Chef Boyardee is not for me.
Now, I’m no Giada understudy, but I have red sauce rules: red sauce shouldn’t taste like laboratory paste/ tomatoes don’t need sugar.
Did you know ½ a cup of Prego Fresh Mushroom Italian Sauce has 11 grams of sugar? 11 grams of sugar! That’s equivalent to the sugar used to make a glazed Krispy Kreme doughnut. I’d rather the donut, thank you.
Sugar’s deviant aliases sucrose, glucose, maltose, lactose, fructose, corn syrup, white grape juice concentrate and evaporated cane juice are also used to sweeten (kill) sauces discretely. Keep this nasty “oses” hit list in hand when grocery shopping.
Prego breaks the rules. In fact, most store-bought pasta sauces do. Heart-burn inducing, blood sugar-spiking, love handle-augmenting, entrée-ruining, store-bought red sauce. Bolognese my butt—“beefaroni” is an Italian mystery I care to never solve.
If these “sauces” have won you over with their convenience, have you ever considered how convenient it is to make your own sauce in 30 minutes? And the convenience of knowing exactly what you’re putting in your body rather than inconveniently relying on food labels as confusing as my chemistry homework?
THOU SHALL NOT BUY PASTA SAUCE. This isn’t a red sauce revolution—this is canned tomato common sense.
Remember when I said I wasn’t a Giada understudy? Well, Erin—Grant’s sister who spent some time in Italy—might be close. She taught me how to make this authentic tomato sauce—a recipe she inherited from her extended time in Florence. And you know Huckleberries don’t earn their name by following rules. I don’t lie, steal or cheat, but I do lace perfectly innocent recipes with chipotles. Smokey, sultry, rosy chipotles sleeping in seductive adobo.
This authentic fusion is loud. R.I.P Bertolli.
Huckleberry Thinn’s Chipotle Red Sauce
In a deep, lightly oiled sauce pot, cook 1 chopped onion slowly on low heat > When the onion starts to sweat (translucent, not brown), add 6 cloves of chopped garlic > Sauté until soft > Uncap 2 15-ounce cans of whole peeled tomatoes (I like San Marzano!) and one by one, squeeze these little suckers into a palatable tomato pulp (best part!) > Pour in remaining tomato juice > Bring sauce to boil, let it dance for a few minutes, then reduce to a low-heat simmer (uncovered) to undress natural flavors.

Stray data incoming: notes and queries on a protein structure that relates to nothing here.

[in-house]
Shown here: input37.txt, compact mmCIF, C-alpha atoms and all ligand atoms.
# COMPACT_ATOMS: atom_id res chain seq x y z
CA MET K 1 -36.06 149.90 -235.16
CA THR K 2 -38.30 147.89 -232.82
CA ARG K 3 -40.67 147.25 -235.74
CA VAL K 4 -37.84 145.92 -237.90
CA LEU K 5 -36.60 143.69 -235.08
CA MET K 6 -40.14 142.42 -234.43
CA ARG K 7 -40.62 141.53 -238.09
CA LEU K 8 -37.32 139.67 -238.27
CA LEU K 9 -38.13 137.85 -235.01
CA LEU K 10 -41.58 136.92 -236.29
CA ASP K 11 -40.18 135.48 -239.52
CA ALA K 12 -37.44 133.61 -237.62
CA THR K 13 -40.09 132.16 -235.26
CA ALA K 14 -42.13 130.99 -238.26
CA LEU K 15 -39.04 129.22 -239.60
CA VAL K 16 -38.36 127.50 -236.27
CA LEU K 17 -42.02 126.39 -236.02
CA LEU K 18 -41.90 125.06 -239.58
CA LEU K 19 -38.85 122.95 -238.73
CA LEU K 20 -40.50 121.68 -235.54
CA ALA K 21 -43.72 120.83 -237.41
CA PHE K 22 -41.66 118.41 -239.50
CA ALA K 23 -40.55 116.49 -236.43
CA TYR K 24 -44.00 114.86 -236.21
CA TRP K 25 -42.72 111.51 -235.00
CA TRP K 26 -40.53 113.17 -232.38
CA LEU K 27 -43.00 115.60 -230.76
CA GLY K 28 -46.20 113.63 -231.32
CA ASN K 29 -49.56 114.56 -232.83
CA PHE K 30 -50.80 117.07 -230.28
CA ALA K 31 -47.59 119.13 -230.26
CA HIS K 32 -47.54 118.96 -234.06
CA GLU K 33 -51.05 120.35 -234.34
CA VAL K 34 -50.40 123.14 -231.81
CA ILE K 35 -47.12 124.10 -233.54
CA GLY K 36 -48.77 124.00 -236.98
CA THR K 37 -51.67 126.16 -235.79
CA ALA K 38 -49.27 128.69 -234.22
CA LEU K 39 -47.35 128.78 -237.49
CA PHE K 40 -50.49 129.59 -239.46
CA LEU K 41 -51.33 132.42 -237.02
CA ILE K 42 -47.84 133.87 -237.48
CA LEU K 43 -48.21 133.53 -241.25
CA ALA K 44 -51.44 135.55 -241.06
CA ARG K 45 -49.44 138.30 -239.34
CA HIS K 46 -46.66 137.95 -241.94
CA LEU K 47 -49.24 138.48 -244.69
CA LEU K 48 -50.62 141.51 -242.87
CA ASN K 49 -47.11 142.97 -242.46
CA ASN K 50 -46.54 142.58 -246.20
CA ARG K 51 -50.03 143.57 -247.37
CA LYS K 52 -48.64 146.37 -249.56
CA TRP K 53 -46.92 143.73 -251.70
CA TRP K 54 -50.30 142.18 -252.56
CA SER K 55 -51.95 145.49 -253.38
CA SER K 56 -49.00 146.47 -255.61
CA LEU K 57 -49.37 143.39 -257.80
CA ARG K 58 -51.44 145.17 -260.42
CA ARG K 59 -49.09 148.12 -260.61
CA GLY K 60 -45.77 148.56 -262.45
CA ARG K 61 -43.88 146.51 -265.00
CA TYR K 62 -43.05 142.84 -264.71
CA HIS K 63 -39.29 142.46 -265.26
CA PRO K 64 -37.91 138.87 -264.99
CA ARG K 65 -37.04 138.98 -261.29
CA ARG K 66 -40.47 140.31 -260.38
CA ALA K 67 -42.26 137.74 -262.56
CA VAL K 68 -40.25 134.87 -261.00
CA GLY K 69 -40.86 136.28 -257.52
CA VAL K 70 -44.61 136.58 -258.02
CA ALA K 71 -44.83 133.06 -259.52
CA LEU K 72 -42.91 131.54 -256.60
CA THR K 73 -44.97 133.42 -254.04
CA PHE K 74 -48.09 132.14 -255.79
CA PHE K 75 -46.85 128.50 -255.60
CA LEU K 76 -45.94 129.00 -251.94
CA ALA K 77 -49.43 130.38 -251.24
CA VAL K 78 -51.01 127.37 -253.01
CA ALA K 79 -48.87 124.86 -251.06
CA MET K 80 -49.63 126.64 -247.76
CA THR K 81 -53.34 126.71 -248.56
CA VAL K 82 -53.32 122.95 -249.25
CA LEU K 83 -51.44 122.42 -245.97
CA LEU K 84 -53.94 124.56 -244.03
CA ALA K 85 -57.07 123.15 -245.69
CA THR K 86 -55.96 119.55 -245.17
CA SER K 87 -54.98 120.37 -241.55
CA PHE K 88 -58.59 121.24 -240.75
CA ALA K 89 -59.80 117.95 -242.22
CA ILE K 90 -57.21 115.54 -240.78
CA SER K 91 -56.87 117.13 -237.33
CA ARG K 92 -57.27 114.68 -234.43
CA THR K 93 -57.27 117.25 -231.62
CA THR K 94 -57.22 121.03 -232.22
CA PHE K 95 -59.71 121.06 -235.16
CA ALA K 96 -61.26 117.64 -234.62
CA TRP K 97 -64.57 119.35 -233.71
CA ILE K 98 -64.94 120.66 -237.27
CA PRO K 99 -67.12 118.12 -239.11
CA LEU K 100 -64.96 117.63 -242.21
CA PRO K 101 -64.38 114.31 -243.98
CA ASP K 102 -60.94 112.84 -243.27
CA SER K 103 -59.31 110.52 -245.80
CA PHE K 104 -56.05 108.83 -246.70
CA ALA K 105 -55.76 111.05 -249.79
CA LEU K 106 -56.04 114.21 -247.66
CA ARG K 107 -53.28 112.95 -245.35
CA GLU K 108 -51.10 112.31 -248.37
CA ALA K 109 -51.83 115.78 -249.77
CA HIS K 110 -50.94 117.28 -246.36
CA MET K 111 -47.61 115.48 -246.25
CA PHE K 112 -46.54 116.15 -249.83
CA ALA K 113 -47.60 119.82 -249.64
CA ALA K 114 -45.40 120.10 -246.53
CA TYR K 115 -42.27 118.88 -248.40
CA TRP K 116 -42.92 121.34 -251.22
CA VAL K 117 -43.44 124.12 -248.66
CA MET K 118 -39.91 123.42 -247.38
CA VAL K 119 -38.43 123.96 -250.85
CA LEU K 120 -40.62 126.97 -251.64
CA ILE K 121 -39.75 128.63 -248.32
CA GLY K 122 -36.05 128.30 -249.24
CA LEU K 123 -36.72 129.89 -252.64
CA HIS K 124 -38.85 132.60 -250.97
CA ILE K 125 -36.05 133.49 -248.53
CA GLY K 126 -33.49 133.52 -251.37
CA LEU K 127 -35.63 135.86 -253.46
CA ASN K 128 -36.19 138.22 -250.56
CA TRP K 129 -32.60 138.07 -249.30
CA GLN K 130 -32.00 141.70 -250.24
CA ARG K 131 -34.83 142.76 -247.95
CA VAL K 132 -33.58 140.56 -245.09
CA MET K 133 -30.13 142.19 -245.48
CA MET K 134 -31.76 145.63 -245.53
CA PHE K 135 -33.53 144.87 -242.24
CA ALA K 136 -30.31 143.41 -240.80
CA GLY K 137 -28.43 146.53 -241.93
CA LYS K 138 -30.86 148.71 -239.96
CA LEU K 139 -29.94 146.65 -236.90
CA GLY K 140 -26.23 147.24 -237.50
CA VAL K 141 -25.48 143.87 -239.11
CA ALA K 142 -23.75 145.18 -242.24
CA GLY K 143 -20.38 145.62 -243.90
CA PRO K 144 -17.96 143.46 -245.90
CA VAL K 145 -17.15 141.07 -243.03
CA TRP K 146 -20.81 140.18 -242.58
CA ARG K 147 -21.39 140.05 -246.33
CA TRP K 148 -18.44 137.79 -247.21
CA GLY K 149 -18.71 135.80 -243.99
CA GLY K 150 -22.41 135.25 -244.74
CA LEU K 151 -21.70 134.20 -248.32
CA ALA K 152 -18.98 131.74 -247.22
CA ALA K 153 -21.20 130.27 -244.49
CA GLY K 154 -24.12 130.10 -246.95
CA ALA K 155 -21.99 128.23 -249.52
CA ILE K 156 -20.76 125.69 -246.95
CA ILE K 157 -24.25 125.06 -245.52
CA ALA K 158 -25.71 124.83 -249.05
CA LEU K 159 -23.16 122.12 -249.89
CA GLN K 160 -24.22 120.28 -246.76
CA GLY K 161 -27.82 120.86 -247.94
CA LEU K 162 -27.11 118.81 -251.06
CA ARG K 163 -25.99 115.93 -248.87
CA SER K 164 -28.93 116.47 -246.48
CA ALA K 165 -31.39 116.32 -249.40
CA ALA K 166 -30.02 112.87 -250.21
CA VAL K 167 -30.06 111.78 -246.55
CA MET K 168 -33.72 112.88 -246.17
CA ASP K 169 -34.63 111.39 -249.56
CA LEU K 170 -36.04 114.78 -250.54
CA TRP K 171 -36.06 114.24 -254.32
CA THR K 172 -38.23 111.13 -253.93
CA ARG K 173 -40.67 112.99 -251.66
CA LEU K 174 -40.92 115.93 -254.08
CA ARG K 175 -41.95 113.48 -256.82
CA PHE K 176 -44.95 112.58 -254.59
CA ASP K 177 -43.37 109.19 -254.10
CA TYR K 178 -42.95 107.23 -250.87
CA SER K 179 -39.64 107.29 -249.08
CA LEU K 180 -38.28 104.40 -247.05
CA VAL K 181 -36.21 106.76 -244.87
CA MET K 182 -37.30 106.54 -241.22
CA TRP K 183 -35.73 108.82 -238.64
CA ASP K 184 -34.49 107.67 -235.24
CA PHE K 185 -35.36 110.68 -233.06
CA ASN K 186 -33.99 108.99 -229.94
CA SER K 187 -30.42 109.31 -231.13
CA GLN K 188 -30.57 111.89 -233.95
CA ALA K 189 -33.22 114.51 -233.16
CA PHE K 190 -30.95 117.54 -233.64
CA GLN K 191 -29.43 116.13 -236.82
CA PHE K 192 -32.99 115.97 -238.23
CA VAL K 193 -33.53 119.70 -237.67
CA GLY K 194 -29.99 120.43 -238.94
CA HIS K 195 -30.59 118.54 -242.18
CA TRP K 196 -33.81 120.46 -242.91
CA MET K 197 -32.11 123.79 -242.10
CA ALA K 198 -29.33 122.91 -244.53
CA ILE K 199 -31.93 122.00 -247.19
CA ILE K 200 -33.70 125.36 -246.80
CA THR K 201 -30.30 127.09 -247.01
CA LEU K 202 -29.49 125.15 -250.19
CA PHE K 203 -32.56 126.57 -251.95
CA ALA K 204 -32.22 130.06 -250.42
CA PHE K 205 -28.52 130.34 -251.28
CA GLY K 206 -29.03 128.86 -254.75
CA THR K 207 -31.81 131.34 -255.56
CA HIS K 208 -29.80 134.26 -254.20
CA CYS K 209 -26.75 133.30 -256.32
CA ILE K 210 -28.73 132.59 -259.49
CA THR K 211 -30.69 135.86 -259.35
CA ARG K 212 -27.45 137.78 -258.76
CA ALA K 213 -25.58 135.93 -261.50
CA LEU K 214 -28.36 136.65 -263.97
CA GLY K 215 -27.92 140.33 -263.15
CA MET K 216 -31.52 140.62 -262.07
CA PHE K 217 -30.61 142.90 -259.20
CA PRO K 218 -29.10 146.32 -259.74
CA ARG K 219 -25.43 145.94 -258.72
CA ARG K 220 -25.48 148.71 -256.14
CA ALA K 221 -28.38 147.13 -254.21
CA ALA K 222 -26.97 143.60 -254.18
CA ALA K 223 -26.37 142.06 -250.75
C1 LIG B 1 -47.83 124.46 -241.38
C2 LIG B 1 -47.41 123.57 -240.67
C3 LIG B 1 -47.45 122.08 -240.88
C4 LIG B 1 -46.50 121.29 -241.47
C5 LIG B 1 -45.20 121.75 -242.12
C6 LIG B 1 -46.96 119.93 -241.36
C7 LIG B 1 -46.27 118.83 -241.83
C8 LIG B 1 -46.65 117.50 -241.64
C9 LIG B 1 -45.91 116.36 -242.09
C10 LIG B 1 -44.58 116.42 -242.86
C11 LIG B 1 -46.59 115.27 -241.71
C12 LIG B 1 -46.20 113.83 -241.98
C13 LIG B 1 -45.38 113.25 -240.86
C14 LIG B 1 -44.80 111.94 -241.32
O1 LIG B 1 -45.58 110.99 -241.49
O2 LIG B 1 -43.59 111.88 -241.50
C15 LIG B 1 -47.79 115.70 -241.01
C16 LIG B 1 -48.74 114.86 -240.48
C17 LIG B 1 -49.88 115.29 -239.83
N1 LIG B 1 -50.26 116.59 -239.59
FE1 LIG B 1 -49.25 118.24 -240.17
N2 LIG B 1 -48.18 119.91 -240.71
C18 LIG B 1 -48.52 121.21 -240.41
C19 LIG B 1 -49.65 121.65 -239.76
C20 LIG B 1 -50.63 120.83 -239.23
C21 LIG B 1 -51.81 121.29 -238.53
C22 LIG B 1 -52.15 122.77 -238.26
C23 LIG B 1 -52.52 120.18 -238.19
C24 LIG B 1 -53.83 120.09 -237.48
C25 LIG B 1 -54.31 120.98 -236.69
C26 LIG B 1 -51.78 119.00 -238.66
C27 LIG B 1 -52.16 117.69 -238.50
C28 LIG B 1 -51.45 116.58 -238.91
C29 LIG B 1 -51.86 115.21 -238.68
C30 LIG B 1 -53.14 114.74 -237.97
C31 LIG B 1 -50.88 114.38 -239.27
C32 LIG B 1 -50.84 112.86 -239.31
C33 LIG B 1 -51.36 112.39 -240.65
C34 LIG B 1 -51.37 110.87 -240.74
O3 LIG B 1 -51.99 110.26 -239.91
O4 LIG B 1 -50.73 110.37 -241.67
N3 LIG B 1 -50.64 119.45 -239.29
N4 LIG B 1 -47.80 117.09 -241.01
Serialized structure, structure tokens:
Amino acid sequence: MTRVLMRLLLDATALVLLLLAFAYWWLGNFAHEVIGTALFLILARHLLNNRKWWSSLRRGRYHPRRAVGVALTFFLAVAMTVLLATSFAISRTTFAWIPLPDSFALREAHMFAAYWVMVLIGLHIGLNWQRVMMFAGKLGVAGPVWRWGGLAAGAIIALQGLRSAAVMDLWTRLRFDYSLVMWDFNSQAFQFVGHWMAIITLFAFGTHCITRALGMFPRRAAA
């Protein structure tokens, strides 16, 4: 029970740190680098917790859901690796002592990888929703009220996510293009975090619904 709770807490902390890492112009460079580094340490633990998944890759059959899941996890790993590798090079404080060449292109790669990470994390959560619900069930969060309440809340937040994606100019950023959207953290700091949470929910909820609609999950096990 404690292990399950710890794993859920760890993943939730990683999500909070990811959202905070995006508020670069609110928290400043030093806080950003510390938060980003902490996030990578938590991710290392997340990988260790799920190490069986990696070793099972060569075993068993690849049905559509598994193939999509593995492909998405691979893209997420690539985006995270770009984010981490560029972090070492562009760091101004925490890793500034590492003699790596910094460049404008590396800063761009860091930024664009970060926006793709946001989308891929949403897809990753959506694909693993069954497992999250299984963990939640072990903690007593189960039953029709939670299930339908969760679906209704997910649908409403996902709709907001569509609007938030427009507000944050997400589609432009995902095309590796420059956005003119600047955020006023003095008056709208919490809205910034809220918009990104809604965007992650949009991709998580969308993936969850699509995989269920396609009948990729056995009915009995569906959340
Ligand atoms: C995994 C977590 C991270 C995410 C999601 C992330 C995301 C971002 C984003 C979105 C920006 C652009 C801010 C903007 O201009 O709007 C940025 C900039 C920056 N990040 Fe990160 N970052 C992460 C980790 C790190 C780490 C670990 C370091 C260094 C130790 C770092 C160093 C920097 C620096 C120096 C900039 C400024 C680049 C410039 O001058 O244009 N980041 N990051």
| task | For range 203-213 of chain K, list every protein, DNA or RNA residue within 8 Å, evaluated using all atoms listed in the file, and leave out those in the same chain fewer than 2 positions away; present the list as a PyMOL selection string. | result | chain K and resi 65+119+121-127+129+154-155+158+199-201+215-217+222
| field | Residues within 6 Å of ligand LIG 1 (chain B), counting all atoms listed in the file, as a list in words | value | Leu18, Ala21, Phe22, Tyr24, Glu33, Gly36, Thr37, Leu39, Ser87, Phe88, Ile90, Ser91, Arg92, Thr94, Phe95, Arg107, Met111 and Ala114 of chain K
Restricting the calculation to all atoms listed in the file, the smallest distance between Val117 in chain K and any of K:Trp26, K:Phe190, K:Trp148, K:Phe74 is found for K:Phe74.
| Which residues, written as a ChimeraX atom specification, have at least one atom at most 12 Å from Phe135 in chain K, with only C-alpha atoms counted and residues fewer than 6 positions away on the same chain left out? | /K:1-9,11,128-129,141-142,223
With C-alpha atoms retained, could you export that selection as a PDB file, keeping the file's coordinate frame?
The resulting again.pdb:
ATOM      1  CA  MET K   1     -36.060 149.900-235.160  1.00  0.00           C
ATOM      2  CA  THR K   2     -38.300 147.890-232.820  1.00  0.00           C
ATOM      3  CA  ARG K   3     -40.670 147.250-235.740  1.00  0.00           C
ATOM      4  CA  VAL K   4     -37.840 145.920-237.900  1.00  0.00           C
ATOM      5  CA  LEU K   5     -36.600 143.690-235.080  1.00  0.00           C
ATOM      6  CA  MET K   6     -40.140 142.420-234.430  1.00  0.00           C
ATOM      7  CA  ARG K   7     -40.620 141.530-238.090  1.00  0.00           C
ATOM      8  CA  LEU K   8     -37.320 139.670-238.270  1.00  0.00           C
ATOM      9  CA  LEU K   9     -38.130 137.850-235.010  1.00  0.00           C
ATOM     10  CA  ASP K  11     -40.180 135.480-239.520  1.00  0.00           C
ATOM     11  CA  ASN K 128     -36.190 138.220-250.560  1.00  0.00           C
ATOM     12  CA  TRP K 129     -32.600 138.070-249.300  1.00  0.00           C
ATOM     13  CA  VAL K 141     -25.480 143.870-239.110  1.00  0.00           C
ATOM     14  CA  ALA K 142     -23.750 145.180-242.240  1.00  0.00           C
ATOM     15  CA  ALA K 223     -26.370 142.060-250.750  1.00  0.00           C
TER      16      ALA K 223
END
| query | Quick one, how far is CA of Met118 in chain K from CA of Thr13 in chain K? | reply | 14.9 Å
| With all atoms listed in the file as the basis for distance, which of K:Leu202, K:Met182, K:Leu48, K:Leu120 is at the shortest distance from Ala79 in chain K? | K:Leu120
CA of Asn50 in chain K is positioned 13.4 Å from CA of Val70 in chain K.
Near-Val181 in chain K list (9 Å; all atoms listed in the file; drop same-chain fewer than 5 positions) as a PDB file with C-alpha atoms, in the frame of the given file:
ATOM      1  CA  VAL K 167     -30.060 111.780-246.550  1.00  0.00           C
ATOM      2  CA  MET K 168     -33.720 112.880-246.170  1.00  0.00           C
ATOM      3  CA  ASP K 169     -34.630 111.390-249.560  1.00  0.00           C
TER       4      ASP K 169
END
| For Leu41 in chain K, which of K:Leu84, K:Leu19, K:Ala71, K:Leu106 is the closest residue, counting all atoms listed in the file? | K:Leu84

Camouflage with spices: tablespoon full of fresh oregano (or 1 teaspoon of dried Mexican oregano) a dash of thyme (fresh if you’ve got it) > Add pepper and a spoonful of honey.
Now it gets feisty: add 2-3 chipotle chilies, finely chopped (chipotle chilies in adobo sauce) > stain your sauce with 2 tablespoons of adobo > Simmer for ~30 minutes for deep, complex Mexitalian essence.
Serve chunky, or for a lush finish (preferred), blend sauce before serving.
Don’t limit this homemade tomato sauce to pasta. Use this diabolical dream to dress up pizza, portabellas, spaghetti squash, eggplant, chicken, grilled shrimp, lasagna or simply grilled veggies and quinoa. I’ve even used it to stuff peppers. Devine. Red looks good on everyone. Freeze leftovers for a February date night (with red wine, of course).
Nutrition Facts: Thinn Style
Tomatoes are plump with nutrients your body needs. They are bursting with vitamin C, carotenes (lycopene!), biotin, and vitamin K. There’s more! Tomatoes are a good source of vitamin B6, pantothenic acid, niacin, folic acid and dietary fiber.
Tomatoes earn their top table-top position with their oozing levels of lycopene. Red carotene is your best friend. It is extremely protective of you—especially against breast, colon, lung, skin and prostate cancers. Tomatoes have also proven to reduce the risk of heart disease, cataracts and macular degeneration. How? Lycopene neutralizes harmful agents before they can damage cellular structures.
The best part: You actually get up to five times as much lycopene from canned tomatoes as you do from the raw kind. Processing tomatoes liberates more lycopene from the plant cells, making it more available to your body when digested.